Eventually, the film does come to a fantastic climax with all the promised gore and violence I’d come to expect with all the rave reviews this movie had. But it was too late, because the film had already long ago lost my interest and I was now just thankful to see SOMETHING actually happen.

2 out of 5

Give ‘Em Hell, Malone

Thomas Jane is “Malone”, the hard drinkin’, ham-fisted, square-jawed, both-guns-blazing, anachronistic tough guy in this throw back to violent “film-noir” detective stories set in modern times…. Sort of? The film starts in the middle of a gun fight as Malone attempts to gain possession of a mysterious case, blasting away at the criminal thugs standing in his way. And right off, we start the whole movie with a brutal bloodbath with slow motion bullets plowing through body parts and sending the red stuff splattering all over the screen. This is “film-noir’ through the exploitation lens, with Jane gritting his teeth through just about every line of dialogue as he faces off against bizarre villains and shoots his way up to the main villain for a final showdown. Ving Rhames is exceptional as the featured henchman to the less than fabulous villain, a seasoned gunman whose own demons lead him on a deadly chase to bring down Malone.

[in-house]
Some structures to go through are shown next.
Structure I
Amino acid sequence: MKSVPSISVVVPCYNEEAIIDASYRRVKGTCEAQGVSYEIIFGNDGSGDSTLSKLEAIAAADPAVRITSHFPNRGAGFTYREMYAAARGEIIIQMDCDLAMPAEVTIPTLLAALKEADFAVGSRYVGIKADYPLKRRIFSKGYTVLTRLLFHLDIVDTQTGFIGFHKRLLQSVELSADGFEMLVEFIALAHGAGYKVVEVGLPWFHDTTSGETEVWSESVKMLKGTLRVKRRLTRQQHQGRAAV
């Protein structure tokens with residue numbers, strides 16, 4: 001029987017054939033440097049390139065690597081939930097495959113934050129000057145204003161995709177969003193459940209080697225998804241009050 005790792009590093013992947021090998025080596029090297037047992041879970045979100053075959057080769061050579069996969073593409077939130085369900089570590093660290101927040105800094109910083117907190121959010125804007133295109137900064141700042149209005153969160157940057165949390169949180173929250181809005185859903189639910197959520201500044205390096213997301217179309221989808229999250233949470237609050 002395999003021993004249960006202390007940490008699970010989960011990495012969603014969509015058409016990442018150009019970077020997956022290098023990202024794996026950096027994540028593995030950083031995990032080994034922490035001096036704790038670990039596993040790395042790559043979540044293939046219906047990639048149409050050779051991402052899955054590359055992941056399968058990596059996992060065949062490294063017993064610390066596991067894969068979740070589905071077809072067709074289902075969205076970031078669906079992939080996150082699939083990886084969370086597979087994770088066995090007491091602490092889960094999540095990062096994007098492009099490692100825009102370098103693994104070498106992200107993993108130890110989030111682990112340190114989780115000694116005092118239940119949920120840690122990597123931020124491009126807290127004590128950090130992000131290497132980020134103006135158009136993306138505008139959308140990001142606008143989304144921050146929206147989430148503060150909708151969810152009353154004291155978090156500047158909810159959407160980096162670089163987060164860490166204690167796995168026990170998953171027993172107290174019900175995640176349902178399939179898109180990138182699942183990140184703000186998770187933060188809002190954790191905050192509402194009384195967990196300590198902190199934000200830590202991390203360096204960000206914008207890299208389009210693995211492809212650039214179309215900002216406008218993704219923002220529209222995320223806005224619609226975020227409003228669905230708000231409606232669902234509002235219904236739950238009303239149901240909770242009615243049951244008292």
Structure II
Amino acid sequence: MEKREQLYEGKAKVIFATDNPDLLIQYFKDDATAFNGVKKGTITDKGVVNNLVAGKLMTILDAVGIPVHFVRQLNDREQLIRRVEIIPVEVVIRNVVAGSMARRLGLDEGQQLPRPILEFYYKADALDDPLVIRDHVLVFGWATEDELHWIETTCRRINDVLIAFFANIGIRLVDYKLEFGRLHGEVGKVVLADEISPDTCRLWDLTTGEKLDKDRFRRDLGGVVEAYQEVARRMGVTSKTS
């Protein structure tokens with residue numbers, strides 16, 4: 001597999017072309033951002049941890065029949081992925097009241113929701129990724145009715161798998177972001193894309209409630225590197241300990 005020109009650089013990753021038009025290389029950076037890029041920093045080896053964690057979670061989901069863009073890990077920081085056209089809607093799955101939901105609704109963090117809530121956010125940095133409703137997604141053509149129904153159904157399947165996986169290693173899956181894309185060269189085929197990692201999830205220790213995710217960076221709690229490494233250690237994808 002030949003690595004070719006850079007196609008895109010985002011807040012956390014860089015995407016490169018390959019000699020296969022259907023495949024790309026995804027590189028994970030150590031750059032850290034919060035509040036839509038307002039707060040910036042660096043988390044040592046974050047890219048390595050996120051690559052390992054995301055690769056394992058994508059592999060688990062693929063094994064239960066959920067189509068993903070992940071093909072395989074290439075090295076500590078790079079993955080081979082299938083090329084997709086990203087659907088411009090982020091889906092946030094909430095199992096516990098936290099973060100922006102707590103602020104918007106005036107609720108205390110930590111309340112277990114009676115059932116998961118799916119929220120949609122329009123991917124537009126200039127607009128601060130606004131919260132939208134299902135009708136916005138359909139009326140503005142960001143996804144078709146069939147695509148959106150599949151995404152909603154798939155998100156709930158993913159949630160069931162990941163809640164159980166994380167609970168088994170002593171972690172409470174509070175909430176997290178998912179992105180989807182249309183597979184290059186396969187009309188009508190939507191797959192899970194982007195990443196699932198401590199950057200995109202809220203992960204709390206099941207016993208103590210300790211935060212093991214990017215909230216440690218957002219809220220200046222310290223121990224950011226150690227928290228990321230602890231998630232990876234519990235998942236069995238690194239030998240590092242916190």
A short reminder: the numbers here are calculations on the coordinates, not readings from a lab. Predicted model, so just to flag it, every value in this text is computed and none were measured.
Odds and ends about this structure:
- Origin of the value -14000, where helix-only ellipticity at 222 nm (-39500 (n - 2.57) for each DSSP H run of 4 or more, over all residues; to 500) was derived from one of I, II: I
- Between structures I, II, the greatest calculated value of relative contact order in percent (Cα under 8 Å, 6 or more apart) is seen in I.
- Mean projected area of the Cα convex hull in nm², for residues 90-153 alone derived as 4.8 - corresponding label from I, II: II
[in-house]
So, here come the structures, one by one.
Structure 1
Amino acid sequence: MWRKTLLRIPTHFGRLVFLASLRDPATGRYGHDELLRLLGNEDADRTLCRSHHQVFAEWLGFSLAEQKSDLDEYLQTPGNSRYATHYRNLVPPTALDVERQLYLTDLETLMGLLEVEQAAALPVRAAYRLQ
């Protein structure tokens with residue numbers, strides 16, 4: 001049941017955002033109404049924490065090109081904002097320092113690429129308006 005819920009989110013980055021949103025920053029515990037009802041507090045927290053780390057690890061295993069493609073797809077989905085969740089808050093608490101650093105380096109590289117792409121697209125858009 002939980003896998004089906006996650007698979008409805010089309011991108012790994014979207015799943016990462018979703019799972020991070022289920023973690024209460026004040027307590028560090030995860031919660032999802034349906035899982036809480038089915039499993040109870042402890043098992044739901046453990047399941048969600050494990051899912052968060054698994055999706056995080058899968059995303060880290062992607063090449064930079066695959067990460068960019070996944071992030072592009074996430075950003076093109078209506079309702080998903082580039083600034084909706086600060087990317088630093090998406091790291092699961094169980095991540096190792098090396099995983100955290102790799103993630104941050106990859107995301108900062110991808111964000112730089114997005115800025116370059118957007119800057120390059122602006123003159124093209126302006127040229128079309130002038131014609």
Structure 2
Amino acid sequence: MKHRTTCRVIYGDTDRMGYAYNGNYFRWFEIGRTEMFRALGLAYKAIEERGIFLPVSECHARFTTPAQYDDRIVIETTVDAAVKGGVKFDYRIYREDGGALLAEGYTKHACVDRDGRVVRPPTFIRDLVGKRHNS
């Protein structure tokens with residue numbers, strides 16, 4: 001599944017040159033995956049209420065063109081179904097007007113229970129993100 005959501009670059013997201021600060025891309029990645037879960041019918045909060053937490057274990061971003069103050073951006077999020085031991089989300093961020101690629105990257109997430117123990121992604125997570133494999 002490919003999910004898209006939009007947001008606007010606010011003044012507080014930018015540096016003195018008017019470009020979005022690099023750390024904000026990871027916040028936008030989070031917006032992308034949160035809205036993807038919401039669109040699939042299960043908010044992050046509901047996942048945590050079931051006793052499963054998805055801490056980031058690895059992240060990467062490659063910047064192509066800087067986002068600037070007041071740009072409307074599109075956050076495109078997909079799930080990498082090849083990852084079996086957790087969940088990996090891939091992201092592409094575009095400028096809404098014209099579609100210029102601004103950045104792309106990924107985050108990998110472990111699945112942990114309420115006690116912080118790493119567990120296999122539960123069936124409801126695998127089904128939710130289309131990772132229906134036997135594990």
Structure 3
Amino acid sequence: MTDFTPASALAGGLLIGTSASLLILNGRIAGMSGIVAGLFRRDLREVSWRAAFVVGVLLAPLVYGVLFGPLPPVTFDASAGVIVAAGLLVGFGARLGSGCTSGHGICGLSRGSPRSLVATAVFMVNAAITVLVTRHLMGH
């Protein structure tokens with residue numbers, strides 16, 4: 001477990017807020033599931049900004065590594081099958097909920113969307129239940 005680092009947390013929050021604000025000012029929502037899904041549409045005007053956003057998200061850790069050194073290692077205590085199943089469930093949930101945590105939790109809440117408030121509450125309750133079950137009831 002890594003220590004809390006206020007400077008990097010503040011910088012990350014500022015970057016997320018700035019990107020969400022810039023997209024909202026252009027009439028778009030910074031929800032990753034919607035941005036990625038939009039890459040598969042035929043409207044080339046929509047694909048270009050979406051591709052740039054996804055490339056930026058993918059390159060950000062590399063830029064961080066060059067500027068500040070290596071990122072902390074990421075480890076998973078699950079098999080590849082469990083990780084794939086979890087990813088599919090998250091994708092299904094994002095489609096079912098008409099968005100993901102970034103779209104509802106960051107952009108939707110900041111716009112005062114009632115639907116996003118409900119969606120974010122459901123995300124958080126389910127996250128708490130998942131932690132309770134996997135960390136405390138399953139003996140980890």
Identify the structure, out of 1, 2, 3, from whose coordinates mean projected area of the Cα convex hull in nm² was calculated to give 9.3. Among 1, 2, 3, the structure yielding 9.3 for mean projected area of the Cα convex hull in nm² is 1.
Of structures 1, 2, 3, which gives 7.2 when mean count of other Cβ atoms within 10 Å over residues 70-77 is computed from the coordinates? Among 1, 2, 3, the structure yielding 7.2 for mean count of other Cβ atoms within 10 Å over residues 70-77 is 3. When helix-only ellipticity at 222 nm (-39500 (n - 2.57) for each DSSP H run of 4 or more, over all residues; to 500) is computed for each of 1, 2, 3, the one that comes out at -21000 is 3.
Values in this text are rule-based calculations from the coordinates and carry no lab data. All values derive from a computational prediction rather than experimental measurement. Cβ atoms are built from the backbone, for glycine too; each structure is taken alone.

This movie was CRAYYY-ZEEEE… not just a little insane or out of the ordinary, but that extra touch of something special to make it so bizarre that you ignore every little bad or cheese moment set up through the course of this movie. I have no idea why this film didn’t see just a little play in the theater, because it was a full throttle adrenaline rush and would have been a big cult hit for a large audience of freaks like me. So goes the Hollywood industry, though. They pretty much shovel the usual crap down our gullets while sending great films like this into forced obscurity!

4.5 out of 5.

GI Joe : Resolute